especially on the Forty-fifth Alabama Regiment, which was forced back earlier than the Sixteenth and Thirty-third Alabama and reformed on Colonel Lowrey's regiment. As soon as the position of these regiments could be ascertained, the Sixteenth and Thirty-third were ordered to take their places in the line, they being 600 or 800 yards in advance on the left. During this movement Semple's battery, under the command of Lieutenant Goldthwaite, followed the brigade and opened effectively on the enemy. In the second advance it was not deemed desirable that the battery should advance with the brigade, the batteries of other brigades on our left being allowed to remain in position.
After reforming our line a division was moved to our right (Cheatham's), and I received an order to move up to the support of Polk's brigade. I formed in line with it and threw out skirmishers. Moved to the right a half mile. Our skirmishers were engaged with the enemy until nearly sundown, when, General Polk having advanced and desiring the support of a regiment, I directed Colonel Lowrey to go to his support; but the enemy had been routed.
In conclusion, it may be stated that no command conducted itself with more spirit or determination. By subsequent examination of the field, it was observed that at no point was the enemy's works so strong as in our front. And the peculiar formation of his lines, which, owing to the heavy timber and undergrowth, could not be ascertained by any effort but an assault, subjected the command to a very destructive cross and enfilading fire on Sunday.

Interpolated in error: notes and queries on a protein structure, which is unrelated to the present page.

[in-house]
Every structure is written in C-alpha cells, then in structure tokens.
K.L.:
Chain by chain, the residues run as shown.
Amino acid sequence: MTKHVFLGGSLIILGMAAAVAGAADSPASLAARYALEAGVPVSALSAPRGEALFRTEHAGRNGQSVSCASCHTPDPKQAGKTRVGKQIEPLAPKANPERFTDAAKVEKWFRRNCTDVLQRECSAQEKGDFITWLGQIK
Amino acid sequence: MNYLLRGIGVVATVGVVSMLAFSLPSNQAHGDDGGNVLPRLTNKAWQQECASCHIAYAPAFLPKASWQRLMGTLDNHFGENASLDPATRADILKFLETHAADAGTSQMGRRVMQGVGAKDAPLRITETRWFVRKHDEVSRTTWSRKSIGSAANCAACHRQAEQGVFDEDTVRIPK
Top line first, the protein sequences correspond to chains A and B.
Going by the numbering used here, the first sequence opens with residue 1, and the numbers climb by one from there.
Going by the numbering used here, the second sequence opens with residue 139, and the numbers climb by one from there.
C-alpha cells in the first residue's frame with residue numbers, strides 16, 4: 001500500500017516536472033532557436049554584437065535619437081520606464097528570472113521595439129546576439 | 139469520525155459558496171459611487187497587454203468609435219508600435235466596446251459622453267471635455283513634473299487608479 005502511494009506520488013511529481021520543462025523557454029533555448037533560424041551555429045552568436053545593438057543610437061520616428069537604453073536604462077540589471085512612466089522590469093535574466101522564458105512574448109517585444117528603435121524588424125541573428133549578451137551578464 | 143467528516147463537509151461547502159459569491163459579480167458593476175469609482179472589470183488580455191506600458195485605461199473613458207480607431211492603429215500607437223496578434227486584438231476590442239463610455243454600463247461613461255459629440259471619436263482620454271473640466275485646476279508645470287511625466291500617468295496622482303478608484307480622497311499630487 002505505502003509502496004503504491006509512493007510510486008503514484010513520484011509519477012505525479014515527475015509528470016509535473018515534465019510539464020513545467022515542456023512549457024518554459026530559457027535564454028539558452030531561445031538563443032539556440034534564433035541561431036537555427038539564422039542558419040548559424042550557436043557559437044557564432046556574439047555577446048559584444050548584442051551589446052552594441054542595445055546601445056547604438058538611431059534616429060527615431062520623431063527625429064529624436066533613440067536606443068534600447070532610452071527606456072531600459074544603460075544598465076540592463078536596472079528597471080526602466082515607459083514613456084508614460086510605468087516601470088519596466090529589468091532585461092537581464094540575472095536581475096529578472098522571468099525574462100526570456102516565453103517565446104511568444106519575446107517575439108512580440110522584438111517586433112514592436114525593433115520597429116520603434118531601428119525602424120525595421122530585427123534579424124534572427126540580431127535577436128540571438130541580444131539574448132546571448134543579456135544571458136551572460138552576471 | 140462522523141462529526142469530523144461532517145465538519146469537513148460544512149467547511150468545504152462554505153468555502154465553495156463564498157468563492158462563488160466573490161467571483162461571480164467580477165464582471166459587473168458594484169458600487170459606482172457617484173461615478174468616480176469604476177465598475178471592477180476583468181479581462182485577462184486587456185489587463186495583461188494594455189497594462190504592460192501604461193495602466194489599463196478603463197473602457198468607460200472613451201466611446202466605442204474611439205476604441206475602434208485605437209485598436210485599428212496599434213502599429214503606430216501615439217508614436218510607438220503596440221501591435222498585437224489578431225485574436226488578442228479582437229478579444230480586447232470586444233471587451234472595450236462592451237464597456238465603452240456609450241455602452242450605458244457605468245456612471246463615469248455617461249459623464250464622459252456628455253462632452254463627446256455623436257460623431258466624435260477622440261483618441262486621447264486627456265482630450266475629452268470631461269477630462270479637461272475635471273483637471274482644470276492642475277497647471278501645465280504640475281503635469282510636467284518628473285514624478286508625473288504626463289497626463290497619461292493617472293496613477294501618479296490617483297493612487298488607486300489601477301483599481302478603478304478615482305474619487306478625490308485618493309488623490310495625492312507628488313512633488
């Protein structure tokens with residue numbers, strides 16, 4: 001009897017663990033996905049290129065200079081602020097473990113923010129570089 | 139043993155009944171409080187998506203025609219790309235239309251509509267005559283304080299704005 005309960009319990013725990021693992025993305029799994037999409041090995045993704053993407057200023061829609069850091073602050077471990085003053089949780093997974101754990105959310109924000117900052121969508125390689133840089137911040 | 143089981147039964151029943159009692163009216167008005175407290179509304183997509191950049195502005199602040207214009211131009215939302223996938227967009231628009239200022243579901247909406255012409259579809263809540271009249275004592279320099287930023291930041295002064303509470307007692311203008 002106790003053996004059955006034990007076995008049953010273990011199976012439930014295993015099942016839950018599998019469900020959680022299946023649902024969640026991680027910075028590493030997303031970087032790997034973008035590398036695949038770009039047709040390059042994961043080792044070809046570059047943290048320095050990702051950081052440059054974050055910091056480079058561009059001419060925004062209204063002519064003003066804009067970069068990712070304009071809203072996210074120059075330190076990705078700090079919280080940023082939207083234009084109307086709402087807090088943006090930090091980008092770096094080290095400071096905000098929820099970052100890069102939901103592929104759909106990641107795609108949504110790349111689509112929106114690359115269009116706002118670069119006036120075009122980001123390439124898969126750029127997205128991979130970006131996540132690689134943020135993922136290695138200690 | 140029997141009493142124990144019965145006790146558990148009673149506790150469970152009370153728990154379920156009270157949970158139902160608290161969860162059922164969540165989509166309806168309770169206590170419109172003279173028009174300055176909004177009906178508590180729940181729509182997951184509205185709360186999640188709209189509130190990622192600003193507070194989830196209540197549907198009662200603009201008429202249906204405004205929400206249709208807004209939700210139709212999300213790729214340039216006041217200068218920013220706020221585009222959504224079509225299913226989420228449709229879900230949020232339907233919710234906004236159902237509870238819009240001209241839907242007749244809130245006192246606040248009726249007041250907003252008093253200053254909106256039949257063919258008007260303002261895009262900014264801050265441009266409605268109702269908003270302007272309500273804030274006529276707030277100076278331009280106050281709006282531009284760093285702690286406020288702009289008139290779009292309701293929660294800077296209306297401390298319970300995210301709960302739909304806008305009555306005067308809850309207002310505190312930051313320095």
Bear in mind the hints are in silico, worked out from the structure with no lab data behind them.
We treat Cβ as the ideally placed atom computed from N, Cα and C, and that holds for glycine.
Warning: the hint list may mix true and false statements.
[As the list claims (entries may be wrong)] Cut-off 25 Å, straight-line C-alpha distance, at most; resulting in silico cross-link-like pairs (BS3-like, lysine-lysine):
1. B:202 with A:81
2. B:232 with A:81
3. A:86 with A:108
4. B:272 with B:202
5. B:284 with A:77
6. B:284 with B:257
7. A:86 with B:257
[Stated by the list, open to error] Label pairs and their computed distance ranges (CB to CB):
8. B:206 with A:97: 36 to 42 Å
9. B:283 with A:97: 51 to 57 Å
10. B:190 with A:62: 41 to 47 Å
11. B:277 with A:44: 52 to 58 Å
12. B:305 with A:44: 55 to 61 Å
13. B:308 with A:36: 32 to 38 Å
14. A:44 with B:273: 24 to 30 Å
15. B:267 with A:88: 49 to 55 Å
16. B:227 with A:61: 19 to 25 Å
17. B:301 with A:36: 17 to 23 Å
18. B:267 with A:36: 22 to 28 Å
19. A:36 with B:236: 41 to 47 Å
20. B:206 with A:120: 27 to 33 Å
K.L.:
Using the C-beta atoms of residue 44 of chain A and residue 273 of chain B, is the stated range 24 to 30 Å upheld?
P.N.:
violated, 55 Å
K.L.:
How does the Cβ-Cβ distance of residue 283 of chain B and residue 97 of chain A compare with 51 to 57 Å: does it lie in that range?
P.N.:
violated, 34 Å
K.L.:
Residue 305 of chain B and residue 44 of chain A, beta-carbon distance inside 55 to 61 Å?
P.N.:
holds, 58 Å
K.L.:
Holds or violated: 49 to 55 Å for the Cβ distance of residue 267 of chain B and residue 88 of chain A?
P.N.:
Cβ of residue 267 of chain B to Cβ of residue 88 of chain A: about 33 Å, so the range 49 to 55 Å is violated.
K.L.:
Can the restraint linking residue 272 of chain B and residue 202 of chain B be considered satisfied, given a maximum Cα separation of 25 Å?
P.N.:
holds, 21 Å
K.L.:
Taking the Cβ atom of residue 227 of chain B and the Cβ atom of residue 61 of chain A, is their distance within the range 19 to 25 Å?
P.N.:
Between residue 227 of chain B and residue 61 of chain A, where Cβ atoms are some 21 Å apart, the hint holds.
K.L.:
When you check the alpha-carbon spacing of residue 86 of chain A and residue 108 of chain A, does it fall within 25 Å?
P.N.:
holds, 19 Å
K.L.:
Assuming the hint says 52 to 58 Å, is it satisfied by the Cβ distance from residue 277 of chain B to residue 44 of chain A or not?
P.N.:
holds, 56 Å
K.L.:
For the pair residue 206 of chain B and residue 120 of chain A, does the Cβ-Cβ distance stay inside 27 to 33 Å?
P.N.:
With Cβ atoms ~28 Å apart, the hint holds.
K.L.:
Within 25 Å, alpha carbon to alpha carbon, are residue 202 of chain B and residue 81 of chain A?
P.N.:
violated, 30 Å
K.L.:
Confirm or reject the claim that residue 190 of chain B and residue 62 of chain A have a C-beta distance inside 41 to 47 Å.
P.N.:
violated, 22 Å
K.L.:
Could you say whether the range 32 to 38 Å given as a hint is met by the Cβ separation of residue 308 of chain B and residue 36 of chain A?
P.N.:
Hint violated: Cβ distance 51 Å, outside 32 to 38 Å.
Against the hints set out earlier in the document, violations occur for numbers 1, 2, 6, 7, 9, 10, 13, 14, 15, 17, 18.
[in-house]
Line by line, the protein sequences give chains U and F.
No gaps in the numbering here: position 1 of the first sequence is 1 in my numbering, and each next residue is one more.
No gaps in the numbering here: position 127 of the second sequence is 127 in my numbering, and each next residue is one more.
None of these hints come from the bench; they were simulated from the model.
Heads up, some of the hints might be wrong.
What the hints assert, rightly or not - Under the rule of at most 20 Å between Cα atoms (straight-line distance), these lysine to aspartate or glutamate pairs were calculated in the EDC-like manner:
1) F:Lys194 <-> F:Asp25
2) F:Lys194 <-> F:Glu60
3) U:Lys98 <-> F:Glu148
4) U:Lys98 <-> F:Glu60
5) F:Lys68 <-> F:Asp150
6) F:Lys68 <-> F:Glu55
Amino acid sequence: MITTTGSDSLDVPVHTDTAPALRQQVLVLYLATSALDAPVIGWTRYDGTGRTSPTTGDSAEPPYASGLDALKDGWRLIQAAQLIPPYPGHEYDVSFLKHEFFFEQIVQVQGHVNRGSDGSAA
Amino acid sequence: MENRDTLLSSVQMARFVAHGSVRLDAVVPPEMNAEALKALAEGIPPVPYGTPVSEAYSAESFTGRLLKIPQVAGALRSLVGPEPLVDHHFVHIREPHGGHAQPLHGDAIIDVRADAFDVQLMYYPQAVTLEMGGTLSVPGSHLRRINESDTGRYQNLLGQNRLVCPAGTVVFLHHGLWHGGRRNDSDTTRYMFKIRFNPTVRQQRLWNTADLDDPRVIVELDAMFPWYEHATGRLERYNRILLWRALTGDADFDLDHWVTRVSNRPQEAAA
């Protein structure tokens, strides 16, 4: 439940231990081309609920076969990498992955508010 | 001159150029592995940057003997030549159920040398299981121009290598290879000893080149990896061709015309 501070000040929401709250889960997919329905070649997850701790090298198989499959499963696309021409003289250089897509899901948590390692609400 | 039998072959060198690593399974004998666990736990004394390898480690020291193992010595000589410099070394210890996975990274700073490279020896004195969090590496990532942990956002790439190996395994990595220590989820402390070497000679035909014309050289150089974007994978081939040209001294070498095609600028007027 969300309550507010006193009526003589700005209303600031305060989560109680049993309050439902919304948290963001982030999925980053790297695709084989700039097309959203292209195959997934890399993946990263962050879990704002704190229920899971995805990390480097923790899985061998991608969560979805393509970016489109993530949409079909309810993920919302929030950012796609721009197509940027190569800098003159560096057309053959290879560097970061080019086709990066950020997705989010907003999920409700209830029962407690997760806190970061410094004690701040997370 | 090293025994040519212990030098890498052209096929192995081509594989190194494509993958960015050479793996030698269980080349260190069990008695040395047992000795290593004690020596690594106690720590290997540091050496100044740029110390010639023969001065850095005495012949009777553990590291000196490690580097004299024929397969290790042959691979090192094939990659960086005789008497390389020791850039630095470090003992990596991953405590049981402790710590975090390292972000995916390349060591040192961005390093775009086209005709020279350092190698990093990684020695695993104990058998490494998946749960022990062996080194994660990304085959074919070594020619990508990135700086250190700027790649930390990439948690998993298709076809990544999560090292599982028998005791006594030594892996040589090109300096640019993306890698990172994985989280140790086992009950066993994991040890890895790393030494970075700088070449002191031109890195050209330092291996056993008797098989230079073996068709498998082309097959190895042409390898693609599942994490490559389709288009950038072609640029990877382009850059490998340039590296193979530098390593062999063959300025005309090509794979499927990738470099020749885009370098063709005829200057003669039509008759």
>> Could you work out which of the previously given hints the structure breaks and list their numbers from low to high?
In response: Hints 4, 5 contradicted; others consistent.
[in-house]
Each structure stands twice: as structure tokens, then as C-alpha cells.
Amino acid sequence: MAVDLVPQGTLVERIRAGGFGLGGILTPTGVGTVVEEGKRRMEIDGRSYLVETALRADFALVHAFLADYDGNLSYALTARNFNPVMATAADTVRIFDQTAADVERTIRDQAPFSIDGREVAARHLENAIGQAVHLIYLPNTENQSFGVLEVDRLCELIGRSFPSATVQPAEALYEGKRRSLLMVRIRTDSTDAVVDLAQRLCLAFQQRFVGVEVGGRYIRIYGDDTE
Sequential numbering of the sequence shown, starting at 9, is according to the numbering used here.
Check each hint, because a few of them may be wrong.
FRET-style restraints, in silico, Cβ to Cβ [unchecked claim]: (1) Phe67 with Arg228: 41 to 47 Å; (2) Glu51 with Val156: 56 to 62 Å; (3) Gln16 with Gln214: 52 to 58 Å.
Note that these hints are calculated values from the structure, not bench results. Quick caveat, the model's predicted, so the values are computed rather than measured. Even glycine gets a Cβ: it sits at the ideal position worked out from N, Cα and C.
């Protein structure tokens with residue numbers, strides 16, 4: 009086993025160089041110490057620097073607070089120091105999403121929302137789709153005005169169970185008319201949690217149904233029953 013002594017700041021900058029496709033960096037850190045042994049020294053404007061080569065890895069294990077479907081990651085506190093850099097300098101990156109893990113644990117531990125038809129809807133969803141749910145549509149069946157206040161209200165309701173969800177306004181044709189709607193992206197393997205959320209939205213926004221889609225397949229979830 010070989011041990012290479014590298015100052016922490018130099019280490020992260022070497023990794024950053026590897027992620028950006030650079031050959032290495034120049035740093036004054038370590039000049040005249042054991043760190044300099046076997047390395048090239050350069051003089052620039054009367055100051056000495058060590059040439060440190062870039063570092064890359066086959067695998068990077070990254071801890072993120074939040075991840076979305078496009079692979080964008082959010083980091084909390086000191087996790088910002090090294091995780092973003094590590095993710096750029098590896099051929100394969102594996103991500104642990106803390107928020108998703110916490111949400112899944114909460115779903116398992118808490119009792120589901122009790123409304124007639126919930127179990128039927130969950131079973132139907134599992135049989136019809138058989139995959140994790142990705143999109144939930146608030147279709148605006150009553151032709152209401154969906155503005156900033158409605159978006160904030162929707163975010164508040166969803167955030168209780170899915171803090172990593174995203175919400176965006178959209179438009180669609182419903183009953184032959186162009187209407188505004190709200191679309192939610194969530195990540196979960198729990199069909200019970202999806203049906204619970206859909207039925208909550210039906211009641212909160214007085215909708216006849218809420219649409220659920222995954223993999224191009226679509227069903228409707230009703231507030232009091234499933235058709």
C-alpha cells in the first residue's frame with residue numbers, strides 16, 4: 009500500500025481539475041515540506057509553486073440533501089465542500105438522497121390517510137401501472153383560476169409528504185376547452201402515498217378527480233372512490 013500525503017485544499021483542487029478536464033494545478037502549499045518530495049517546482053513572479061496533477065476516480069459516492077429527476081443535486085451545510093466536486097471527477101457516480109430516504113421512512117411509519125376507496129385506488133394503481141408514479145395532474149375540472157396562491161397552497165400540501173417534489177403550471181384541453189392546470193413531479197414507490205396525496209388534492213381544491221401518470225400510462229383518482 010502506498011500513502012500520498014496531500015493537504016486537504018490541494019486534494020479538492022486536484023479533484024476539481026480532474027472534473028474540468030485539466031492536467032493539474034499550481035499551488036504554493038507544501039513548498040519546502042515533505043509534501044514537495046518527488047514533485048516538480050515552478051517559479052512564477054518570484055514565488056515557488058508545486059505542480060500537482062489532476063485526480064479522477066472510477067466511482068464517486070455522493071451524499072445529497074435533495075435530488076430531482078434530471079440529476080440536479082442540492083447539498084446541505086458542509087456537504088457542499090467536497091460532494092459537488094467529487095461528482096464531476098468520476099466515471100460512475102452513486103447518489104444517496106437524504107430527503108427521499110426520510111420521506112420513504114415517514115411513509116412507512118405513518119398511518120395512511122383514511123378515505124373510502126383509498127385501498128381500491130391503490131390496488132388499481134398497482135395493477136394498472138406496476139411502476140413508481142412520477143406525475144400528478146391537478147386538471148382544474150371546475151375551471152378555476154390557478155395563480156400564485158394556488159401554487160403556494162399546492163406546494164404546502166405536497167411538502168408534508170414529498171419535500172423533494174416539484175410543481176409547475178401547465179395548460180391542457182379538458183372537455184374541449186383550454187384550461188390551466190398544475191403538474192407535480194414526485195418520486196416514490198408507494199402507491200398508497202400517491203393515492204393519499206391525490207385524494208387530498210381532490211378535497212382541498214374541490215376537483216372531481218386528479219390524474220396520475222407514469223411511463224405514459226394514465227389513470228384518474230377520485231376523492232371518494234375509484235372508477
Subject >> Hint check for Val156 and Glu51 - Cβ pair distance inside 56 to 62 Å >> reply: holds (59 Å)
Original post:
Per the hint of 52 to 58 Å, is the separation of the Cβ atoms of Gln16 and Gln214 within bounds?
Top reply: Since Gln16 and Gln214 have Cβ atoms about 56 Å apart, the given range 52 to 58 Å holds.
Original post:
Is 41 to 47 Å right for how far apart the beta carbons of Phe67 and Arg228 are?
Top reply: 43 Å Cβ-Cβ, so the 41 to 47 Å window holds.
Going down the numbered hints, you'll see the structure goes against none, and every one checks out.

The reports of the colonels and commanders of battery and battalions will show list of casualties. The loss at the time in t he brigade was 96 killed on the field and 680 wounded. Many have died since, among them 4 field officers-Major McGaughy, of the Sixteenth Alabama Regiment; Major Karr, of the Thirty-second Mississippi Regiment; Major Hawkins, of Hawkins' sharpshooters; Major Gibson, of Gibson's battalion, attached to Thirty-third Alabama Regiment. These officers, of the same rank, were all distinguished by former services on the field of battle. They were all of great merit, and their loss will be long deeply regretted by their commands.
For further particulars, reference is made to reports of commanders of regiments and companies.
Very respectfully, your obedient servant,
S. A. M. WOOD,
Report of Captain Frederick A. Ashford, Sixteenth Alabama Infantry
HDQRS. SIXTEENTH ALABAMA REGIMENT,
October 8, 1863.
SIR: I have the honor to forward the following report of the part taken by my command in the battle of Chickamauga on September 19 and 20:
At about 5 o'clock on the evening of September 19, the Sixteenth Alabama Regiment, with 32 officers and 382 effective men Major